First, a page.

Enter reactionary populism in shifting forms, from the coalescing of discontent among Tea Party members to the dramatic rise in militant “patriot” groups and the rebranding of white supremacy as the meme-loving “alt-right.” West Virginia University’s Director of the Center of Black Culture and Research Marjorie Fuller dissects this response in The Pendulum Effect.

Echoing the rise of the “Good Citizen” Klan of the WWI era, Tea Party ideologues originated as a decentralized, small-scale movement that was predominately white, male, nativist, patriotic, anti-immigrant, and politically conservative. It remained insignificant until shortly after the inauguration of Barack Obama in 2009, when conservative PACs, such as the Koch brother’s FreedomWorks and Americans for Prosperity lent media know-how, funding and organizational expertise to grow its membership. They funded and organized “Town Hall” meetings and other patriotic-themed protests. Within five years, Tea Party affiliates were elected to political office, membership soared to nearly one-half million and sympathizers numbered in the tens of millions, with the movement becoming a divisive force in the Republican Party.

Does this all sound familiar?

If you find yourself bristling at the notion that the same forces that gave rise to the Tea Party movement, then Trumpism and the alt-right bear a resemblance to the reactionary populism that bred the Second Klan, let me stop you right there. This weekend and the past 200 days of escalating white nationalism, bears this trend out. Despite the Tea Party’s frequent and early assertion that their followers were not racist, several studies found that “racial resentment” was a greater predictor of Tea Party membership than political conservatism. Similarly, studies have confirmed that racism and xenophobia drove Trump’s election more than economic anxiety. Keep in mind the fraternal Klansmen of 1925 fancied themselves going about the noble business of upholding community values, patriotic virtues, nationalistic ideals and the ubiquitous, racially-coded theme of law-and-order. Trump emphasized these themes in his administration’s response to the white supremacist violence in Charlottesville: “What is vital now is a swift restoration of law and order and the protection of innocent lives,” he said.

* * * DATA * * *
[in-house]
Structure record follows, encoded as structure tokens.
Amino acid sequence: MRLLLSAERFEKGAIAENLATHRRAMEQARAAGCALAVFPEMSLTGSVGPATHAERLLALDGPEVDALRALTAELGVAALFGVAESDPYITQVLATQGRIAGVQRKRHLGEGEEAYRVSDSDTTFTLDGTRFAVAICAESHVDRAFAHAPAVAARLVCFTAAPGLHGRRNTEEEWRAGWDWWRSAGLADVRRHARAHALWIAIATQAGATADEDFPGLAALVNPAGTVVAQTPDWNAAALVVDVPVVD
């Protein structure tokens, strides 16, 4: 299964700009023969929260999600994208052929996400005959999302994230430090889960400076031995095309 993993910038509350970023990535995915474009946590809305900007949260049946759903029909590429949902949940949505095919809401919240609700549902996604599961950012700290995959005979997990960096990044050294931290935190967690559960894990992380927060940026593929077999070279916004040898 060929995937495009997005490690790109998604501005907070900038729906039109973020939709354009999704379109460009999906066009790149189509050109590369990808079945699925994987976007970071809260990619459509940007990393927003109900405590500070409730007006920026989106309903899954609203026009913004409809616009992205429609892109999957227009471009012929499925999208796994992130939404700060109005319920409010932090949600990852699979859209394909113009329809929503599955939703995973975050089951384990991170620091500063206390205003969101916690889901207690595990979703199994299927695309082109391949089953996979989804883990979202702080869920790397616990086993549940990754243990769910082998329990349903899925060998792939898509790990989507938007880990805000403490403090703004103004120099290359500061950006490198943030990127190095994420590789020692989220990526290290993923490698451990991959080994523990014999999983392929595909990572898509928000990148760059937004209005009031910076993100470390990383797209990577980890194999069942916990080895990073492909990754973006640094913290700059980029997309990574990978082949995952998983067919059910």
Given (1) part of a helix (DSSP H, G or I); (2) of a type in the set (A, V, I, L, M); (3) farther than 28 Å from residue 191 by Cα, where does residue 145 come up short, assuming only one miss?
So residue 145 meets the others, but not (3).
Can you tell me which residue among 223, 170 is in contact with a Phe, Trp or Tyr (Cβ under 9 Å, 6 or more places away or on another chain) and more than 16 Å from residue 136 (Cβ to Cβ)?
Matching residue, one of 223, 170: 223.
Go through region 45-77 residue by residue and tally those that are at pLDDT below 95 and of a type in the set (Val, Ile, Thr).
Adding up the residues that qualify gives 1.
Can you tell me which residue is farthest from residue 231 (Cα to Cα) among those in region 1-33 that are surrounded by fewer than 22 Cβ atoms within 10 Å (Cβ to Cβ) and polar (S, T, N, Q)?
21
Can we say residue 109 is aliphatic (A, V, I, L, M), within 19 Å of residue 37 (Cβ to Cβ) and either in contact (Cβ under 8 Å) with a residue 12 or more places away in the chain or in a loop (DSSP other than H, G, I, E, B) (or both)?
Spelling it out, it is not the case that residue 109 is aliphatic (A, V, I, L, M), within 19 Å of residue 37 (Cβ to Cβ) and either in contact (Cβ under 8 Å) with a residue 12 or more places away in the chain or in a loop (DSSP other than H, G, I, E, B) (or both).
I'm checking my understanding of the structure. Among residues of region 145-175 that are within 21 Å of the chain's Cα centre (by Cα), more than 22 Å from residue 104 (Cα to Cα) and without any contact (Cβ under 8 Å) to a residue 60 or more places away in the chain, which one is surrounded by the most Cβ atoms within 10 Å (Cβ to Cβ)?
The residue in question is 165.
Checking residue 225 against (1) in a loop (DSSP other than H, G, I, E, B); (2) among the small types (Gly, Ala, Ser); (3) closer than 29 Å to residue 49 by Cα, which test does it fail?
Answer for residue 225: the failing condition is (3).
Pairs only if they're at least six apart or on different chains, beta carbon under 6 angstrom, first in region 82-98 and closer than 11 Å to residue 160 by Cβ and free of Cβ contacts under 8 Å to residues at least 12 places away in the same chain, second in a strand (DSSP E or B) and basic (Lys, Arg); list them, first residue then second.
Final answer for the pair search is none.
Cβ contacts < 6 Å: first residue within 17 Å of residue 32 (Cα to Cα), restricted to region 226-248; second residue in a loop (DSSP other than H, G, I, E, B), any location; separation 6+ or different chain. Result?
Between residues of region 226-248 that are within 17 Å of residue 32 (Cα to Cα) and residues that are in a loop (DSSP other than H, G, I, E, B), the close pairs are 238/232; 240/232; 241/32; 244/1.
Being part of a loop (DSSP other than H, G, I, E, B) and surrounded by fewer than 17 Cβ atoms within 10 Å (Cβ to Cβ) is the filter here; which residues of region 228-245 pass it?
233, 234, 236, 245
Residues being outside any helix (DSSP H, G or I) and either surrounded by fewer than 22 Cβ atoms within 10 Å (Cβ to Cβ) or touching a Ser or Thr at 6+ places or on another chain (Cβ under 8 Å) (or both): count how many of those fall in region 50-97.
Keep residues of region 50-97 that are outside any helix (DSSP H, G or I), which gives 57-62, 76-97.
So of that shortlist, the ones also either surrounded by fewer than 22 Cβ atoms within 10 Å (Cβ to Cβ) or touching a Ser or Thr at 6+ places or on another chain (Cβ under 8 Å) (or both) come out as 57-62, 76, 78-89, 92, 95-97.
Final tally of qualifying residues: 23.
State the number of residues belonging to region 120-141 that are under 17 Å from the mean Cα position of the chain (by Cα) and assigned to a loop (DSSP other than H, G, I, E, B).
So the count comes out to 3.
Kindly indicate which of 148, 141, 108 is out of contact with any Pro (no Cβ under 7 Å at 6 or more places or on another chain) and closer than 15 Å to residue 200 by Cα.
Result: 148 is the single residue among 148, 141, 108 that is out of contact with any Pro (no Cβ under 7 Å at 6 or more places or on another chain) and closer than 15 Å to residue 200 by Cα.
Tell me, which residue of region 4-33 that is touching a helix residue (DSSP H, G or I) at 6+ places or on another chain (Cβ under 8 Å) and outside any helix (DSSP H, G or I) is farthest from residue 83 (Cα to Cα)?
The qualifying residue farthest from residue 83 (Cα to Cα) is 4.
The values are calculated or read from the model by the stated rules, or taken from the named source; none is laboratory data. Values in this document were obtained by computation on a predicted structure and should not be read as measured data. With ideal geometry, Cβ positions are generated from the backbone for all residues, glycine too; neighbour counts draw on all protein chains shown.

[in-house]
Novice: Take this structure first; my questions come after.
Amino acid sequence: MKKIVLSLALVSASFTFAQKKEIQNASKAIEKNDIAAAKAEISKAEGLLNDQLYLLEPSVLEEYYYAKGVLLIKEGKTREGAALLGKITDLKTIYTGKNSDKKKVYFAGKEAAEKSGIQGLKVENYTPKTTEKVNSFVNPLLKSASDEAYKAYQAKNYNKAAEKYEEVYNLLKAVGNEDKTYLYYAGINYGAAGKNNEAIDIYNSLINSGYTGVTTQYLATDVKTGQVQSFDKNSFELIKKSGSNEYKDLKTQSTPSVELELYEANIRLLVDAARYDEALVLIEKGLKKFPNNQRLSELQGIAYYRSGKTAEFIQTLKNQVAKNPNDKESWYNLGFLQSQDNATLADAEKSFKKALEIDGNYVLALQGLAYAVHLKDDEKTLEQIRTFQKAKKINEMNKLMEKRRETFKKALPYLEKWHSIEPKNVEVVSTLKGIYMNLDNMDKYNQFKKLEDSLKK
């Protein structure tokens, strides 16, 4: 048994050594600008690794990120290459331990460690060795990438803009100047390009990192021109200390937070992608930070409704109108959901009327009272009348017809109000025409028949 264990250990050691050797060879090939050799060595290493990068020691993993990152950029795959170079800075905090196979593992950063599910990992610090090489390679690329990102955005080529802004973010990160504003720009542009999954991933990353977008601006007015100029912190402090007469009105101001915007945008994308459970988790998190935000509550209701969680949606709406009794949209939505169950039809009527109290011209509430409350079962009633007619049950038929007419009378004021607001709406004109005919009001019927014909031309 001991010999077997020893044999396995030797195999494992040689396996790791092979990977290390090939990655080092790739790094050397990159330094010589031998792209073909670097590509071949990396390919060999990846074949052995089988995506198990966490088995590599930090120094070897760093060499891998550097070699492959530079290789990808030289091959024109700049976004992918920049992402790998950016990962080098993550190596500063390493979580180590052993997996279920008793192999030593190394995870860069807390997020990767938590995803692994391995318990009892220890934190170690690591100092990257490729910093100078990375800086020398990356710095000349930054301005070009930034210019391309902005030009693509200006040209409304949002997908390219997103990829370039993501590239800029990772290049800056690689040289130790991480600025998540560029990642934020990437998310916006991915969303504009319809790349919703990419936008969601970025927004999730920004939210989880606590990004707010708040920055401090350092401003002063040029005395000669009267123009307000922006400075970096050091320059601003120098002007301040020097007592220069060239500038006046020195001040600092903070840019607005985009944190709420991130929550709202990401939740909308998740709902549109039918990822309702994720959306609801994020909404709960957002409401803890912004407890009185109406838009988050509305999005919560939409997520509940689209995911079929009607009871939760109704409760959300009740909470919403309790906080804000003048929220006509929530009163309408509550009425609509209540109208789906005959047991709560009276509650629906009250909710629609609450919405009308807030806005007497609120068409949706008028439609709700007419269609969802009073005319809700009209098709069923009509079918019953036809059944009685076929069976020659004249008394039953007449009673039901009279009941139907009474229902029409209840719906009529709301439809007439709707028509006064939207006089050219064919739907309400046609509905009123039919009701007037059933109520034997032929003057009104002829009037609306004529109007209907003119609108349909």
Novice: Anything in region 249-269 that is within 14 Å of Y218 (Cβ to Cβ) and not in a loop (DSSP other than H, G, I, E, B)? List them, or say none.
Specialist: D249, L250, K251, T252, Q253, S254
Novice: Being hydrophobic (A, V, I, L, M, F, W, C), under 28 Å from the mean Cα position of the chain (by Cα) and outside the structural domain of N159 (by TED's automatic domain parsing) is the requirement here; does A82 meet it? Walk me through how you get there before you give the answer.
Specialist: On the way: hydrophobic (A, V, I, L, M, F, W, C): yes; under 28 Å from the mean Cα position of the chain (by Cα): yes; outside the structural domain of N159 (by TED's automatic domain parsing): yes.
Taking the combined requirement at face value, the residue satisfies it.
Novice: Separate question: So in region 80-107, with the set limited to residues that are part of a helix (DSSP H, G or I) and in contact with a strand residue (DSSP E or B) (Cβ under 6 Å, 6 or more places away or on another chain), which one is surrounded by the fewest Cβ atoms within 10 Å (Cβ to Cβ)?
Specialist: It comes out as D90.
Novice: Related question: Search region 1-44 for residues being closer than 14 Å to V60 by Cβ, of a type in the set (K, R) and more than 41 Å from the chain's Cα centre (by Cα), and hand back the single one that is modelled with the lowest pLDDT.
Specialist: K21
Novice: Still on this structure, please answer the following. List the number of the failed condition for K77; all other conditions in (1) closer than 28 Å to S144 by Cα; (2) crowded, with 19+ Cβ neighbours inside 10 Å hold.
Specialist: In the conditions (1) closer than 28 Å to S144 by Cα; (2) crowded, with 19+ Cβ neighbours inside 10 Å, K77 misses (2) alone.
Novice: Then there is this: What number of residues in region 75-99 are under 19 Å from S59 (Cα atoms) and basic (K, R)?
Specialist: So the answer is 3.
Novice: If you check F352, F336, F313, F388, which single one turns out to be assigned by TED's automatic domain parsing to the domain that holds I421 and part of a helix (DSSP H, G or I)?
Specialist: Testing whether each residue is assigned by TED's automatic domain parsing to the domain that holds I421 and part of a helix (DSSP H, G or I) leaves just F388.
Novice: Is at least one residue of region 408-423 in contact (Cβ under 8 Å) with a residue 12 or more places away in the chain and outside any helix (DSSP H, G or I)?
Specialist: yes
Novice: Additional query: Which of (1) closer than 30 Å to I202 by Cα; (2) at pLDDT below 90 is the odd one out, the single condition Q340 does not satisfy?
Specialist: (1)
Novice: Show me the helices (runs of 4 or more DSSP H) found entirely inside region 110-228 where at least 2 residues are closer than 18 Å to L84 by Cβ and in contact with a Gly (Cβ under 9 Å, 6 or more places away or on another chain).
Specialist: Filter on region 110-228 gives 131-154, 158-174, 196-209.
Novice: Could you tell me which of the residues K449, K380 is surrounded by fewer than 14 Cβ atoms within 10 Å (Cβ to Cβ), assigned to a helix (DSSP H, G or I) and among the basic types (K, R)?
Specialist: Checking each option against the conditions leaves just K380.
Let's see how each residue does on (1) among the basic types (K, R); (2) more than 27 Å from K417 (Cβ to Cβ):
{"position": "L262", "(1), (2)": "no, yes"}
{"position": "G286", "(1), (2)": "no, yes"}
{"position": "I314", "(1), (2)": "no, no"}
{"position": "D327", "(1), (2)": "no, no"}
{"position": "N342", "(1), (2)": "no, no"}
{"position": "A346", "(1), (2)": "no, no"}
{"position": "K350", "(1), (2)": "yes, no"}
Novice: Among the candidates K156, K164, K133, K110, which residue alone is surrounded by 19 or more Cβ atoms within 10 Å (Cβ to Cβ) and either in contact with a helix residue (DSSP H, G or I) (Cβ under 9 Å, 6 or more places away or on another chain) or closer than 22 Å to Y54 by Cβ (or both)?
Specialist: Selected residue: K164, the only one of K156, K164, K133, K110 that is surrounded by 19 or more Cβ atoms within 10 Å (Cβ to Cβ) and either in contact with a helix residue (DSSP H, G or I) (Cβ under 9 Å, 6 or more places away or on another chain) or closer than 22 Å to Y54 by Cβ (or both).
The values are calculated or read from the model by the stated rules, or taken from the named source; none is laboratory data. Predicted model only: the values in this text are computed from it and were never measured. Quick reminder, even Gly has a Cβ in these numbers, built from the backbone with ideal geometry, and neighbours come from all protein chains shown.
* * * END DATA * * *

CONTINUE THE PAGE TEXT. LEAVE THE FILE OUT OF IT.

Perhaps it’s entertaining to scoff at the caricatures and memes of Trump as a”>Chaplinesque fascist, as this keeps us at a comfortable distance from a terrible truth. And Trump, in his foot-dragging disavowal of the KKK and the alt-right violence in Charlottesville, must have more than a passing awareness of this truth.

Which means we needn’t look any further than the closest mirror to confront a familiar embodiment of latent white supremacy and white nationalism — cloaked, not in white sheets, but the pretense of “Good Citizen” in this divided, troubled America.